Back by popular demand, our ITS Mystery Box is chock-full of surprise! With the inclusion of a classic, previously discontinued... View ArticleView Article
In many ways, we’re all beginners in self‑defense. Street violence is chaotic and therefore, cannot be mastered in the way we master an instrument, a tool or a kata. It’s easy to become an expert in a field where changes are minimal.
Because of the unpredictable nature of the sociopath and of violent crime, we, the sentient human beings on this planet, are always the target and we must approach our training with the utmost seriousness and with humility of a beginner.
So this section is for all of us. Included are some of the key points of my behavioral self‑defense research and fundamental points of strategy for street confrontations. Review all these points and be sure you understand them and understand how they work.
S.O.S. (Select Optimum Strategy)
Don’t cry S.O.S., the universal distress code. You are a warrior with a directive and you will survive if you S.O.S. the situation: Select the optimum strategy.
Close Quarter Skills
Know the close quarter form. Develop the muscle memory so that the moves are reflexive and you can concentrate on the strategy. Use your CWCT (closest weapon, closest target) knowledge to protect from the sucker punch and to launch one if needed.
Submissive: Theory and Posture
As a rule, we advocate adopting a submissive posture (hands up ‑ palms out ‑ elbows in.) This suggests compliance to your attacker, which plays to his ego, creating overconfidence that always leads to carelessness.
The submissive posture is also your stance. From this position you can attack or block. Analyze this as you practice verbal simulations and scenarios.
Embrace the fact that 60% of communication is made up of your body language and therefore the stance you adopt or the tension you carry will say more than your words.
Feign Fear to Draw Attack
An opponent who believes you to be afraid of him will make many mistakes. He will enter your personal space, where the hand is much quicker than the eye, leaving him vulnerable to your diverse close quarter arsenal.
Drawing on the theory of body language, it’s often useful to “feign fear” to lull your opponent into the close quarter range.
Use Choice Speech to Defuse
I assume you would prefer not to experience violence and therefore your directive should be avoidance and de‑escalation. Therefore, your speech and body language (non‑violent posture, submissive stance, etc.) must follow suit. Use choice-speech to achieve a settlement. Employ emphatic words. Listen intently. Don’t oppose. Flow and blend. Negotiate.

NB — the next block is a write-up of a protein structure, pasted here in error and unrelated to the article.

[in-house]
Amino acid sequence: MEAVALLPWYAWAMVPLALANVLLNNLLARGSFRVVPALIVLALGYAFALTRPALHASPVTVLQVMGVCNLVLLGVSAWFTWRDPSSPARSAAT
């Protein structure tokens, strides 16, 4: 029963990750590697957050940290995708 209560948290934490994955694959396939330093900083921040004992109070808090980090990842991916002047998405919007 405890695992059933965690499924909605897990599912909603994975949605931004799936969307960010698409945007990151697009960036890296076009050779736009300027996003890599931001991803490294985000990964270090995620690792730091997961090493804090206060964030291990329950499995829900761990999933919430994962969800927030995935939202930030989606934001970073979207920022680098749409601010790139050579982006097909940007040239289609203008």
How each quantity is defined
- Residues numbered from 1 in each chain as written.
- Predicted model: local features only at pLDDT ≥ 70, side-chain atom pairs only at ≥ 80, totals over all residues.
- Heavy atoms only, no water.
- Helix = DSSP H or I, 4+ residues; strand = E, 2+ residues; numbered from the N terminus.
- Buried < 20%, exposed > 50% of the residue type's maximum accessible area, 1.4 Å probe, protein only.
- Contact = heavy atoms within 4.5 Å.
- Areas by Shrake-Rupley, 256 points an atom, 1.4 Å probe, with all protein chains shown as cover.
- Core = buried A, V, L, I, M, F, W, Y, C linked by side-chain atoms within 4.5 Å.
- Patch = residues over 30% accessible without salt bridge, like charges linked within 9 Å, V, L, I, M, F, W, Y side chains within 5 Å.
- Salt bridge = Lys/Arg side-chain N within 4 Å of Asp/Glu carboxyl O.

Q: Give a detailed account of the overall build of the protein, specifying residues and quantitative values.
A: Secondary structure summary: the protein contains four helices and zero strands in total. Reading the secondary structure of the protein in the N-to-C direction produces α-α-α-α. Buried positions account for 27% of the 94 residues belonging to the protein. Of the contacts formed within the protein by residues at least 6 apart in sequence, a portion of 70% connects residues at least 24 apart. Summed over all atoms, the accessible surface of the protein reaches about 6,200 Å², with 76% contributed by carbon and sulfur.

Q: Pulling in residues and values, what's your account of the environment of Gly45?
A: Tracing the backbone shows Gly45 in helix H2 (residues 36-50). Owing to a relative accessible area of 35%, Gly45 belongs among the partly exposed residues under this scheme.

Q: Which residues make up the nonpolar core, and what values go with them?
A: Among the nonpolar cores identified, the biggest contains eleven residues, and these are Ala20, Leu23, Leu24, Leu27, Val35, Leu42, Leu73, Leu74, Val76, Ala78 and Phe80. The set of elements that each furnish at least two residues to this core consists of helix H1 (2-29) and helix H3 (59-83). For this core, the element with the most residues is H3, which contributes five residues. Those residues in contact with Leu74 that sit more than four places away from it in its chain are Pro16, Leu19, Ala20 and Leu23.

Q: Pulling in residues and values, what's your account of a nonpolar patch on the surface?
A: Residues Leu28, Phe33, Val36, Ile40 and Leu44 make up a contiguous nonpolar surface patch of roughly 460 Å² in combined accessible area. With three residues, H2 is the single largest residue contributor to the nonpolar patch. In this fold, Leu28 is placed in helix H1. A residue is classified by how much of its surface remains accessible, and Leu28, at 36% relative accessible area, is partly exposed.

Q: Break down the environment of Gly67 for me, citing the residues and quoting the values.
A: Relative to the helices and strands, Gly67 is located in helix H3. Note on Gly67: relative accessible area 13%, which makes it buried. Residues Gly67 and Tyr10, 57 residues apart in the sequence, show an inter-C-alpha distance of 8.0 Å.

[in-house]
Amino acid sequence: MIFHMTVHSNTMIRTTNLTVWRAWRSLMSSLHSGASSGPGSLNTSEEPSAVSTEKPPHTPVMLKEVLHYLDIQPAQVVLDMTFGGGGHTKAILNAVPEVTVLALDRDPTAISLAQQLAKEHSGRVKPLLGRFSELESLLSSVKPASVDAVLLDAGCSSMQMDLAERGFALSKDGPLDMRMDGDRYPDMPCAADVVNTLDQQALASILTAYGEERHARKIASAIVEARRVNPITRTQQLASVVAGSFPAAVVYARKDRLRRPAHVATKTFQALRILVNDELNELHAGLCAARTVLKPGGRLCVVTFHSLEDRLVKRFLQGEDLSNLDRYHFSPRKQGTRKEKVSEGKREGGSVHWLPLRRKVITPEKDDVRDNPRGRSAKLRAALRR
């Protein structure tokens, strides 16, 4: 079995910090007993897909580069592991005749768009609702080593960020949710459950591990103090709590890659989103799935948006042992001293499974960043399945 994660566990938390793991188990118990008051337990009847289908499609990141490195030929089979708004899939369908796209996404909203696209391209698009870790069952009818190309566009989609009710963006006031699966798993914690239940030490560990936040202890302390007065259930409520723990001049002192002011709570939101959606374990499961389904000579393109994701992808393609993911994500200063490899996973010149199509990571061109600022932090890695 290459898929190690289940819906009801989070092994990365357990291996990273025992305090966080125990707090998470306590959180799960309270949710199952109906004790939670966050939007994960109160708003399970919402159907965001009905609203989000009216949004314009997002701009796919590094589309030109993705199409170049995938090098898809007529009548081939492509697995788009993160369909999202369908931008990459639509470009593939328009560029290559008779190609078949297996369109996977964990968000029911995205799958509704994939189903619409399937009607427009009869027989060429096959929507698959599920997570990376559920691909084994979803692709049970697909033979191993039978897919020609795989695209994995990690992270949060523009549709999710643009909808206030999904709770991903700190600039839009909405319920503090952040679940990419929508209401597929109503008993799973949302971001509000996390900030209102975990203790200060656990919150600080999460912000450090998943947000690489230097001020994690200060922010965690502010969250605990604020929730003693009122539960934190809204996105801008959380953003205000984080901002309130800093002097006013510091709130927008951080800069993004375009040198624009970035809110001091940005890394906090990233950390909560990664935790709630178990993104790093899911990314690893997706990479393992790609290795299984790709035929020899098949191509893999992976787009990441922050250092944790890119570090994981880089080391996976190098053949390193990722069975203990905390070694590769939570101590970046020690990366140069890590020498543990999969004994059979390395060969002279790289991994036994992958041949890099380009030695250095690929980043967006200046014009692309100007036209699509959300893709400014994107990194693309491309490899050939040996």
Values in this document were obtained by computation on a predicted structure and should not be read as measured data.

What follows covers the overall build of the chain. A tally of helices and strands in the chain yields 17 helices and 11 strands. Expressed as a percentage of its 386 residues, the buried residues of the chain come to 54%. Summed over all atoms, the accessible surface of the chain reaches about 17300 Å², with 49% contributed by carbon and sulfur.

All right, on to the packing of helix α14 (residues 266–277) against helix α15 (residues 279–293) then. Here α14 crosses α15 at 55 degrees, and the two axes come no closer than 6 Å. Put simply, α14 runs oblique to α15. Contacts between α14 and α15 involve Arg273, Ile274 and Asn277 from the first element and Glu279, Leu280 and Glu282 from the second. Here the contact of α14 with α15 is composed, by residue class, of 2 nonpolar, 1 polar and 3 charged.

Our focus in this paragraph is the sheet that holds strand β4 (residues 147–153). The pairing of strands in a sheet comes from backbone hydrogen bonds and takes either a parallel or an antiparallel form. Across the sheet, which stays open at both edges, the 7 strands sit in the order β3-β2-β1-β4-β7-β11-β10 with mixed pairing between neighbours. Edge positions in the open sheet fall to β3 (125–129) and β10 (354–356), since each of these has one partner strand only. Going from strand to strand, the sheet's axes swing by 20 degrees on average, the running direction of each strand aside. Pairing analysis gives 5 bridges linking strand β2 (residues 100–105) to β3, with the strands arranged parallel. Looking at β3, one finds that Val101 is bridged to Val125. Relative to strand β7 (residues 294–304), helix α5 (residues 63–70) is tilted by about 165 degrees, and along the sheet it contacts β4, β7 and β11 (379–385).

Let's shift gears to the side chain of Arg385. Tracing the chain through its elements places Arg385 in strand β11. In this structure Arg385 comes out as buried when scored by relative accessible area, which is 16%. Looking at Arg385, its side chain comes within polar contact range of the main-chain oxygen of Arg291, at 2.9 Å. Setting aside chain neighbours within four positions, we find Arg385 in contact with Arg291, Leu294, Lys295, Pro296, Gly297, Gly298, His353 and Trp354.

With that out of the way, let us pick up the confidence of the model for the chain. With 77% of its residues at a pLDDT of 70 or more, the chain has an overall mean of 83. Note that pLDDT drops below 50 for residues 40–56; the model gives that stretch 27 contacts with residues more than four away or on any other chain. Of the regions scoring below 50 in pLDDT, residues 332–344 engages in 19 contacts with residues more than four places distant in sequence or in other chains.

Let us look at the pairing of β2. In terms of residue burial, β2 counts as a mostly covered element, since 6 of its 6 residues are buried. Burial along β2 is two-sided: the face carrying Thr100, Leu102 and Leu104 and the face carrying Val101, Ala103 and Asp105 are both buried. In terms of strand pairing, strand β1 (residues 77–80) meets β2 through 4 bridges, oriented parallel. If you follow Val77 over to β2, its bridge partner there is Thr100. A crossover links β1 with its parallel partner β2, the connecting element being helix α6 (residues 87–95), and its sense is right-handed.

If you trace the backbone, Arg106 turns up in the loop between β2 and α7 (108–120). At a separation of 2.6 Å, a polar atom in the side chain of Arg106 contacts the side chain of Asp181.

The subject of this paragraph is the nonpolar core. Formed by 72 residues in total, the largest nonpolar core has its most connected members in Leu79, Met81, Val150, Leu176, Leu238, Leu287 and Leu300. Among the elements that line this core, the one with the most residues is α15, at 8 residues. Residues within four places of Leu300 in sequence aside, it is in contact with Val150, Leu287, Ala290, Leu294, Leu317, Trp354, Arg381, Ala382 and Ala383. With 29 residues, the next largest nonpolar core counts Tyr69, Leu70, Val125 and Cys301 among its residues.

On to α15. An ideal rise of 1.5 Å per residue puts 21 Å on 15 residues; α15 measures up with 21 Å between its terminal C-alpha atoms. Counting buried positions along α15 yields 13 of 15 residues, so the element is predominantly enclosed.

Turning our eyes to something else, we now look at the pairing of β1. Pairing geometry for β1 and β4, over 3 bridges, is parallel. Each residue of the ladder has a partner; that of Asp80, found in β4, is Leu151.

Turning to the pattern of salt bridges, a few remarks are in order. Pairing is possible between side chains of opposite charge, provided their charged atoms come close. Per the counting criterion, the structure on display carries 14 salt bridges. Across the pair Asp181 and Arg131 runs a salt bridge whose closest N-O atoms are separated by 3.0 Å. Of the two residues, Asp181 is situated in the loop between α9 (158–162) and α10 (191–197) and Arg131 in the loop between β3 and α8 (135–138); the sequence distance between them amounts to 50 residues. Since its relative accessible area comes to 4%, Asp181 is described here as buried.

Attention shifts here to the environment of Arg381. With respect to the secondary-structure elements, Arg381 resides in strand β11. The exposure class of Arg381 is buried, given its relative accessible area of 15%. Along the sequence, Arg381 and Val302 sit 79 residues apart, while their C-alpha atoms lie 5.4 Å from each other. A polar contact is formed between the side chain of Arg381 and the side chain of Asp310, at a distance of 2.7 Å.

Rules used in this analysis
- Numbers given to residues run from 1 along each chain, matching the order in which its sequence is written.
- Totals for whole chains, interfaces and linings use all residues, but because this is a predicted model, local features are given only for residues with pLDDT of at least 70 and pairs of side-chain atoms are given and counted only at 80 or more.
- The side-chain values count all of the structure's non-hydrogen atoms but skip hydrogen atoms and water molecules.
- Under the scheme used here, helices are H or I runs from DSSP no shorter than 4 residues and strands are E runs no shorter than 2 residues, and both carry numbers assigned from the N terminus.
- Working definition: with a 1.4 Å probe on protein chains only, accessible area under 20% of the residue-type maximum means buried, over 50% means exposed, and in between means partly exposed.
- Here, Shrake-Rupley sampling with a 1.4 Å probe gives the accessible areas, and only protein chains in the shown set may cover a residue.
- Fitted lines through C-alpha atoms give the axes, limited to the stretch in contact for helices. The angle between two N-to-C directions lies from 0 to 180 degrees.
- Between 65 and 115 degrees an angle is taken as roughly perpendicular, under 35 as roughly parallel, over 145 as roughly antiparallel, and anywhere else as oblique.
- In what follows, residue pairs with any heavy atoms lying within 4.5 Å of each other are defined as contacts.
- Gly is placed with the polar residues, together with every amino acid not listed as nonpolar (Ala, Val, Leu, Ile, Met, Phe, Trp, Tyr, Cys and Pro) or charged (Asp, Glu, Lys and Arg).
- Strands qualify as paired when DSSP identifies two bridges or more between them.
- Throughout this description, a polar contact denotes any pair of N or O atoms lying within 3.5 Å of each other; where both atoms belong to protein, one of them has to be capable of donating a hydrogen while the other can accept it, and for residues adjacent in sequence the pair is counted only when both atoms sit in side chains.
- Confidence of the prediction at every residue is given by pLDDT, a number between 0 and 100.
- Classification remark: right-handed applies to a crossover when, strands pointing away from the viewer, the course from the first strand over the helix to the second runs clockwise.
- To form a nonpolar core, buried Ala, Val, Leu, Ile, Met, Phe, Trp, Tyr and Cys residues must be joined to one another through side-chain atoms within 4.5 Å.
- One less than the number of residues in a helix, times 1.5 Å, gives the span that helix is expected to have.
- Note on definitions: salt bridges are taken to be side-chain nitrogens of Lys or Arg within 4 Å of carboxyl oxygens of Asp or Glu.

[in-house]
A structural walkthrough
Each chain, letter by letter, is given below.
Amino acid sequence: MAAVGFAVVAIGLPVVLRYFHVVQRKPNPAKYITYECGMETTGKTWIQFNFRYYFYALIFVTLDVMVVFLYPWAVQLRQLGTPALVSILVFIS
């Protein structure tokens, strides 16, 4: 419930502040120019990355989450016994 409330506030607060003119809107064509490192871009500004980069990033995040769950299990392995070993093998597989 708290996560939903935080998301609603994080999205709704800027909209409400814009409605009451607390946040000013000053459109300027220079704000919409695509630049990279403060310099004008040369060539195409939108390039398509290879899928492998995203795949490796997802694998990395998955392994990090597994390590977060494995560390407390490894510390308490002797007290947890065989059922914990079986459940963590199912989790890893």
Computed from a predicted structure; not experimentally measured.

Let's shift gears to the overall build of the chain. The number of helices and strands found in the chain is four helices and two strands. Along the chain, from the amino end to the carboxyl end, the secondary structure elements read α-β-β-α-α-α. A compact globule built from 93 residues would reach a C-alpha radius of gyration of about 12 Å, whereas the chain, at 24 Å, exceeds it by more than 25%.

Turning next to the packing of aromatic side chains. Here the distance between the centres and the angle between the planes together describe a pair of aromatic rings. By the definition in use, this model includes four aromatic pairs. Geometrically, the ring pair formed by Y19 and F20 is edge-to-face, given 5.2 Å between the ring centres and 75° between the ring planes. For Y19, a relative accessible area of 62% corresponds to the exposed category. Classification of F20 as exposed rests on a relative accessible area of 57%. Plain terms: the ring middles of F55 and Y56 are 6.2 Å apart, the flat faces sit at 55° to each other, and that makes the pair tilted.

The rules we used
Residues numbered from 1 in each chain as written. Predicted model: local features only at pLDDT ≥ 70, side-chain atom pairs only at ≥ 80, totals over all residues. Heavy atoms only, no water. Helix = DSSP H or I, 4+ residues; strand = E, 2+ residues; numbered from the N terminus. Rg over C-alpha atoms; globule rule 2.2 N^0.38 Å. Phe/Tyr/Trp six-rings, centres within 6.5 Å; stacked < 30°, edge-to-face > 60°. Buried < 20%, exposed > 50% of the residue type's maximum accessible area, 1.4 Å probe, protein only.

The way you speak along with your body language will strongly influence the outcome of most confrontations. This is why the “directive” is so important. Your intention and dialogue must be congruous.
We have an expression: “Those who talk can be persuaded to walk.” Never assume that you’ll be able to talk the opponent down though. Always be ready for the sudden attack. Monitor his body language and look for signs of escalation (heavy breathing, shifting eves, twitching fingers, encroachment, abusive language, etc.). If your choice-speech is working, you’ll know it, as the situation will be calming gradually.
The Hand is Quicker Than The Eye
Actually, the hand is quicker than the foot and the eye. The closer your opponent is to you, the easier it is to strike successfully. Naturally the same goes for him, so be on guard. If you employ the body language theories along with choice speech and you utilize “first strike” theory with the CWCT concept, you control the situation.
As I mentioned, many martial artists preach a safe zone (outside kicking range) for street confrontations. This is easier said than done and the verbal command (note how “command” strikes an emotional nerve ‑ this is a demonstration of choice speech) necessary to keep an opponent away, combined with the aggressive body language to support the command, might only serve to escalate and antagonize.
If the alleged attacker is a “paper tiger,” he will be successfully defused with the peaceful, submissive approach. If the “command” fails, you’ve telegraphed your training and have lost the psychological element of surprise. Think about this deeply. It’s a critical point and misunderstood by many experts.
Lead With Speed
Always strike with speed first. Get your opponent’s nervous system jumping and then move in and finish the task. This may sound obvious, but, in an effort to get things over quickly, many martial artists and street fighters launch the telegraphic “hay maker” or power strike. Think speed.